The back half of the day saw us driving east towards Fuente de Piedra, where we hoped to score some waterbirds and open country species in the late afternoon. The saline lagoon is an important resource for a wide variety of species, but the region is most famous for its huge breeding population of Greater Flamingos. The bulk of the birds were little more than a shimmering, pink smudge on the far shore, but a few dozen were stomping around in a pool adjacent to the entrance road. The evening light made the graceful birds positively glow, and it was great to see them well after all of the distant encounters on the trip.
Small groups of Jackdaws bounced back and forth between the visitor center’s roof and a nearby field, noisily calling to each other the whole time. A buffet of shorebirds probed the muddy edges of the water features, including Golden-plovers, Lapwings, snipes, and stilts. A pair each of Little Stint and Little Ringed Plover were nice, unexpected additions to my life list. Several types of waterfowl were also present, including a male and female Shelduck. Miriam had been hoping to reunite with the species, and seeing the birds in adult plumage was almost like seeing a new species all over again.
We managed to locate a solitary Pied Avocet further out the trail, much to my adventure buddy’s delight. The species had been on her wish list since she excitedly pointed out the “Fancy Avocet” during our first review of possible targets back in October. I’m of the opinion that all the members of the family Recurvirostridae are pretty snazzy birds, but I have to admit that this one was especially good-looking.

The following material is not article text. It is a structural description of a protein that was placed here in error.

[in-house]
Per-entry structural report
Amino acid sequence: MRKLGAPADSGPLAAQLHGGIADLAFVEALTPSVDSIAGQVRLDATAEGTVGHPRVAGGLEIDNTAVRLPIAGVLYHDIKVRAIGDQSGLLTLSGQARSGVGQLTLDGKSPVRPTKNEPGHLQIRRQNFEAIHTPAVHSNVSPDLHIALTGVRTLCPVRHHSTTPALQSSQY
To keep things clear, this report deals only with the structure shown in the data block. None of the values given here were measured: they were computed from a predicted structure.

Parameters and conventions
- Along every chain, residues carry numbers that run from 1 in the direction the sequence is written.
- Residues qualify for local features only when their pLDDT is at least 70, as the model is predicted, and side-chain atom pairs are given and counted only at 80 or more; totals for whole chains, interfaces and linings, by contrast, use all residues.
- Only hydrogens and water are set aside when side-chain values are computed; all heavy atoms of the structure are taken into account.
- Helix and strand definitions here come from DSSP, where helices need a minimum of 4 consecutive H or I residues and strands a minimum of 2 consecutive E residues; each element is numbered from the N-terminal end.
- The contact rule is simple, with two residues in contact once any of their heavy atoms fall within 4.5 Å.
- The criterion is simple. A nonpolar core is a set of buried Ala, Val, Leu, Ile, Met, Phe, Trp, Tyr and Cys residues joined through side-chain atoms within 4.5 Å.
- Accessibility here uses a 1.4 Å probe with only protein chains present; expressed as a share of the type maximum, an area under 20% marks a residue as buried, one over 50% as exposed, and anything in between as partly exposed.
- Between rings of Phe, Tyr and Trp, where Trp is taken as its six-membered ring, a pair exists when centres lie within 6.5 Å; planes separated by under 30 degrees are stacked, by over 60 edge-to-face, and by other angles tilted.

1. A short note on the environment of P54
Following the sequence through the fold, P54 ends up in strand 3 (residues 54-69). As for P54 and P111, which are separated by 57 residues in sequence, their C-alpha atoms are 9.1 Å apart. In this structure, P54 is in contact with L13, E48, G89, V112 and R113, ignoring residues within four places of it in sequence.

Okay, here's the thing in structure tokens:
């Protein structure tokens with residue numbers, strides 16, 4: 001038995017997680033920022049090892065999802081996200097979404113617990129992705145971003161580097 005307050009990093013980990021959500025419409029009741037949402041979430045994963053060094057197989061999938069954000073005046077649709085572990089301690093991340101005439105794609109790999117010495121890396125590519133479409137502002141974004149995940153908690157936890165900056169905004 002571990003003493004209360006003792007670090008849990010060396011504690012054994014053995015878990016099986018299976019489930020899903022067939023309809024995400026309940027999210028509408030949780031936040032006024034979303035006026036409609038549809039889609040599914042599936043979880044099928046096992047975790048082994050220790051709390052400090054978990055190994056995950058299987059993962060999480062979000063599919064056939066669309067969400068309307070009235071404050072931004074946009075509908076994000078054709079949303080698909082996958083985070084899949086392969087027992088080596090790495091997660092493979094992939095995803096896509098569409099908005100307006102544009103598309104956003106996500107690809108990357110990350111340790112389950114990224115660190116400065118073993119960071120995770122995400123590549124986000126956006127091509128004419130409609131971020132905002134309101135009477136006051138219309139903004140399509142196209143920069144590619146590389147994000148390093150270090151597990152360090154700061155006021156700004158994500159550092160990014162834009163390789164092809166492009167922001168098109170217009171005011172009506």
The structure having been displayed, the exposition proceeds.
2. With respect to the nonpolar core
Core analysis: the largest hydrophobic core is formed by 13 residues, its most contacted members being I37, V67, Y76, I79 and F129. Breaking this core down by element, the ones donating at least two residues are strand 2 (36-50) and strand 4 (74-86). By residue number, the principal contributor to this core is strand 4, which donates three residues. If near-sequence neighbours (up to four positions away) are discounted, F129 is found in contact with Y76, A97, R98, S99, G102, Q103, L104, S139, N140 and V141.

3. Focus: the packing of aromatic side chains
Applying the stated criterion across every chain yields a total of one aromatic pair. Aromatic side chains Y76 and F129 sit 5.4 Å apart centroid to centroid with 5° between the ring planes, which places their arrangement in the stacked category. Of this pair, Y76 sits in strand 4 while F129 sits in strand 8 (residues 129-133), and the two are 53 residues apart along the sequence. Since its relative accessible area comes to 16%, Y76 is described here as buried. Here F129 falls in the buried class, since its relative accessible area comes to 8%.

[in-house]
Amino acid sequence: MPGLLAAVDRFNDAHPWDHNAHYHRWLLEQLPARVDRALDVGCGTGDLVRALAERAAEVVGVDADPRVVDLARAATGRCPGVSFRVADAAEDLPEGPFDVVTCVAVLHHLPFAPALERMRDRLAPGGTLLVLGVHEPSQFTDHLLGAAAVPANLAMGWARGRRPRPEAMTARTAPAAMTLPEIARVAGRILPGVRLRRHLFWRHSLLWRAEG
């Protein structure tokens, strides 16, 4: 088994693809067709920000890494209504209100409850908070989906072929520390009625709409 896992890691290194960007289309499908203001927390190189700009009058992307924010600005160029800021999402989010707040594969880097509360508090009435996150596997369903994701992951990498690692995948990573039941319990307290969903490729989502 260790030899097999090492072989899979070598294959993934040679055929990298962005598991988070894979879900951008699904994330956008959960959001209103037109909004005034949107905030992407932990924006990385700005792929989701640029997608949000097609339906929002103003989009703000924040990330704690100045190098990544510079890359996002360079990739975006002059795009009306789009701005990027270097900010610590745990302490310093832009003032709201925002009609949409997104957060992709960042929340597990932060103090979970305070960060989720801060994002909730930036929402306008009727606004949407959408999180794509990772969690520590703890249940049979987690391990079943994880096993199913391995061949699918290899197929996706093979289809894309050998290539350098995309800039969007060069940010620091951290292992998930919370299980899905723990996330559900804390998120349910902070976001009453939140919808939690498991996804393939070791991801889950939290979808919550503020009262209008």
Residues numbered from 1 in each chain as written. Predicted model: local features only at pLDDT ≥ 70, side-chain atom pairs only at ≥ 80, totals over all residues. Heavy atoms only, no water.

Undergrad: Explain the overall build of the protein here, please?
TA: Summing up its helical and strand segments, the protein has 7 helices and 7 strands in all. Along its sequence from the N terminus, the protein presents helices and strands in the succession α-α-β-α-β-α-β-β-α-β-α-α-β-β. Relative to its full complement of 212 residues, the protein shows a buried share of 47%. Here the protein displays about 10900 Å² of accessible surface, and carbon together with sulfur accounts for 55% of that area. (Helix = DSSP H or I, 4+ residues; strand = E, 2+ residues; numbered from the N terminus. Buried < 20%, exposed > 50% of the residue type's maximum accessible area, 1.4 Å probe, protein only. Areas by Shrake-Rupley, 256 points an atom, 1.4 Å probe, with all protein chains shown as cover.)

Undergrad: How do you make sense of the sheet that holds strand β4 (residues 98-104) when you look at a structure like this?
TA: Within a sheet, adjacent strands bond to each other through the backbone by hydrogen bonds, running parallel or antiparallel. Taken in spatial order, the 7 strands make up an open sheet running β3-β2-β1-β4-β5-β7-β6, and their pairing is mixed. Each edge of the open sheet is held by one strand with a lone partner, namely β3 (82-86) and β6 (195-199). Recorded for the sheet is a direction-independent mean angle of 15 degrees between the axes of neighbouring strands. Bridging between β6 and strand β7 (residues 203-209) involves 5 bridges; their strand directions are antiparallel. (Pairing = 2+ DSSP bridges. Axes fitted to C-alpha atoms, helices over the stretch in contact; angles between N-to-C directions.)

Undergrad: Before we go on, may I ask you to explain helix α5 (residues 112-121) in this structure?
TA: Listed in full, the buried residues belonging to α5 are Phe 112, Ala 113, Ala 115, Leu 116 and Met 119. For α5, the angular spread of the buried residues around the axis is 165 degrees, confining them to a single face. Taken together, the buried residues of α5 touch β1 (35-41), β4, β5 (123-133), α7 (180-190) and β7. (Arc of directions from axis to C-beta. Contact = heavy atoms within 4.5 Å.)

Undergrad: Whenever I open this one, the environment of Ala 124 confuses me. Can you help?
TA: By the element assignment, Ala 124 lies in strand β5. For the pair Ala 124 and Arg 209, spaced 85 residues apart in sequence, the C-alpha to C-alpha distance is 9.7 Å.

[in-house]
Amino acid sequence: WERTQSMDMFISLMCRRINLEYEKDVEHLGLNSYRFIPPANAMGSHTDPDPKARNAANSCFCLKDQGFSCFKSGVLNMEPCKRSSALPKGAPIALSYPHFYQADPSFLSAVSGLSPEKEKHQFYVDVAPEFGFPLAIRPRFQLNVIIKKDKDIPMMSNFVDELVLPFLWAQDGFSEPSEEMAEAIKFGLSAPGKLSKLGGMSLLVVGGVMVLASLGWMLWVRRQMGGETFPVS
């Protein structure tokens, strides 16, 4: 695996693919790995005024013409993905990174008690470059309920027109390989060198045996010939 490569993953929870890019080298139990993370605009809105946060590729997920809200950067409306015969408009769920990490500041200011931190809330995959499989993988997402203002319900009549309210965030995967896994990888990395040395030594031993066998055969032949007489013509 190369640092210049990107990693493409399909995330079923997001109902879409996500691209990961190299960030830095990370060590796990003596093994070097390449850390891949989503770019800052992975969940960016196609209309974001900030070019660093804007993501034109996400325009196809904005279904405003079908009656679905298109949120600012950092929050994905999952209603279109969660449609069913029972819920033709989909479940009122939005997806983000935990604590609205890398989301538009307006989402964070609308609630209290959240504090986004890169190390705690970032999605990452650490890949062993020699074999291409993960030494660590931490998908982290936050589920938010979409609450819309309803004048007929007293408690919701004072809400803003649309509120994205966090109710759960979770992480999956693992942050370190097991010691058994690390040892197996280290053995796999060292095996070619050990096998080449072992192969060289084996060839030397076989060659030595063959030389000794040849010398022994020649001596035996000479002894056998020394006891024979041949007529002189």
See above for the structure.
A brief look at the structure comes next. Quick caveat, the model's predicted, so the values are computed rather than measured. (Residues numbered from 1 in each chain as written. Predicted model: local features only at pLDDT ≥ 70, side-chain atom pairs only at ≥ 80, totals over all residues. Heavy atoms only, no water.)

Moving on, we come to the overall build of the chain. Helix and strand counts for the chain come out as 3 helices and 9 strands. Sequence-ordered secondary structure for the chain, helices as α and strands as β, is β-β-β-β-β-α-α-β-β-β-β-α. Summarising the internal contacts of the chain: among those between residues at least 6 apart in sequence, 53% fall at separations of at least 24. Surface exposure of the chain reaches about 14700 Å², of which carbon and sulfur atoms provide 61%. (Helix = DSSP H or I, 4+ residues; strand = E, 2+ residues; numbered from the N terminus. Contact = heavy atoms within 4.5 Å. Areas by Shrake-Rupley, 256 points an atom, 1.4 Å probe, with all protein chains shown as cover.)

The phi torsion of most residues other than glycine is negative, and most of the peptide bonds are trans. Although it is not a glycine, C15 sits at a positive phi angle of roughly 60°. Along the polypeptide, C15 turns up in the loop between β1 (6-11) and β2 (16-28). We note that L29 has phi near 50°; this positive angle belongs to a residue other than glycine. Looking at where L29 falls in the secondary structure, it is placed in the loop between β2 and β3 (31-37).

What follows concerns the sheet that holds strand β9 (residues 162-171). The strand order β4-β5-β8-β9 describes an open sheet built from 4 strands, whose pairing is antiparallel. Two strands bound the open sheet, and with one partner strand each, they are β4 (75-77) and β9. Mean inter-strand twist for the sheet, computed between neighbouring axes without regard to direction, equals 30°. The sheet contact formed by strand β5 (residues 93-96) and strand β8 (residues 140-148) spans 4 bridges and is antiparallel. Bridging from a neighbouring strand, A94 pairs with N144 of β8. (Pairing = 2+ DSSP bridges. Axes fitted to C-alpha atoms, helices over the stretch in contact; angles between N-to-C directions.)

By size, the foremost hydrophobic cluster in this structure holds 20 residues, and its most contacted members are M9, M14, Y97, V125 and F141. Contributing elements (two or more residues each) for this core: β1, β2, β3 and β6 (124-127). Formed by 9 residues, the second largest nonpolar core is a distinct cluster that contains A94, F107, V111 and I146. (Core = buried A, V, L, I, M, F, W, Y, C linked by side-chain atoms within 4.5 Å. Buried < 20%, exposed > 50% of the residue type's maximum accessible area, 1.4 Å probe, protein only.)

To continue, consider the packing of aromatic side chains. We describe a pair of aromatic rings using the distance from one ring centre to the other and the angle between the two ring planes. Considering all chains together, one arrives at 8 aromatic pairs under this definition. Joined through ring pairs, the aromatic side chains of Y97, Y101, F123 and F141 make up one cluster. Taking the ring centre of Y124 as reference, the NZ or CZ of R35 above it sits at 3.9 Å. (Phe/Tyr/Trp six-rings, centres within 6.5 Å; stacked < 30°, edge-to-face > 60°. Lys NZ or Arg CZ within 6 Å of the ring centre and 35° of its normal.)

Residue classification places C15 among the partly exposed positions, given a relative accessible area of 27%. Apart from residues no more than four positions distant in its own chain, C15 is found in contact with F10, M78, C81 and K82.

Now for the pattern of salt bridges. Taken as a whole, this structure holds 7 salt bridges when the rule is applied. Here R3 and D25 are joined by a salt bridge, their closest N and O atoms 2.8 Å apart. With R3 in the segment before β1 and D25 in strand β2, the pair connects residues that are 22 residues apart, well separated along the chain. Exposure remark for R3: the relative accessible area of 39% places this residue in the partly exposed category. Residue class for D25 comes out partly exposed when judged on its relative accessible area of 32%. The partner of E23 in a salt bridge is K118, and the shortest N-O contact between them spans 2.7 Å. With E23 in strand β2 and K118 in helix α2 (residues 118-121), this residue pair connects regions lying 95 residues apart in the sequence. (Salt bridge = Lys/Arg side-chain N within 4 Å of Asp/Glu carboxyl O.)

A close encounter with a cute and fearless baby rabbit and a variety of fluttering songbirds were the highlights of our long walk back along the lakeshore to the car park. We spent some time at sunset watching for the alleged local Little Owls, a common bird that we both strongly desired and somehow missed the entire vacation. A Common Sandpiper feeding at the edge of the flamingo puddle offered some compensation, and the flamingos themselves really looked impressive in the rapidly fading daylight. As nightfall approached, we hopped back in our vehicle and started off into the hills once again.
I was thankful that we left Fuente de Piedra when we did, because the winding road to Valle de Abdalajís was challenging enough even when I could see. The bed and breakfast we’d booked didn’t have any food available because we hadn’t warned them in advance of our arrival, but they were able to point us to an open restaurant just a short walk down the road. So much of our trip was spent on the move, that it was often difficult to find time to eat! Whenever we did, though, the meals were usually quite impressive. It’s hard to complain when you’re having too much fun to remember food, honestly!
Year List Update, February 23 – 232 Species (+ Eurasian Siskin, Long-tailed Tit, Coal Tit, Eurasian Wren, Gray Wagtail, Black Wheatear, Rock Petronia, Rock Bunting, Eurasian Crag-Martin, Great Crested Grebe, Golden Eagle, Little Stint, Common Shelduck, Little Ringed Plover, Pied Avocet, Common Sandpiper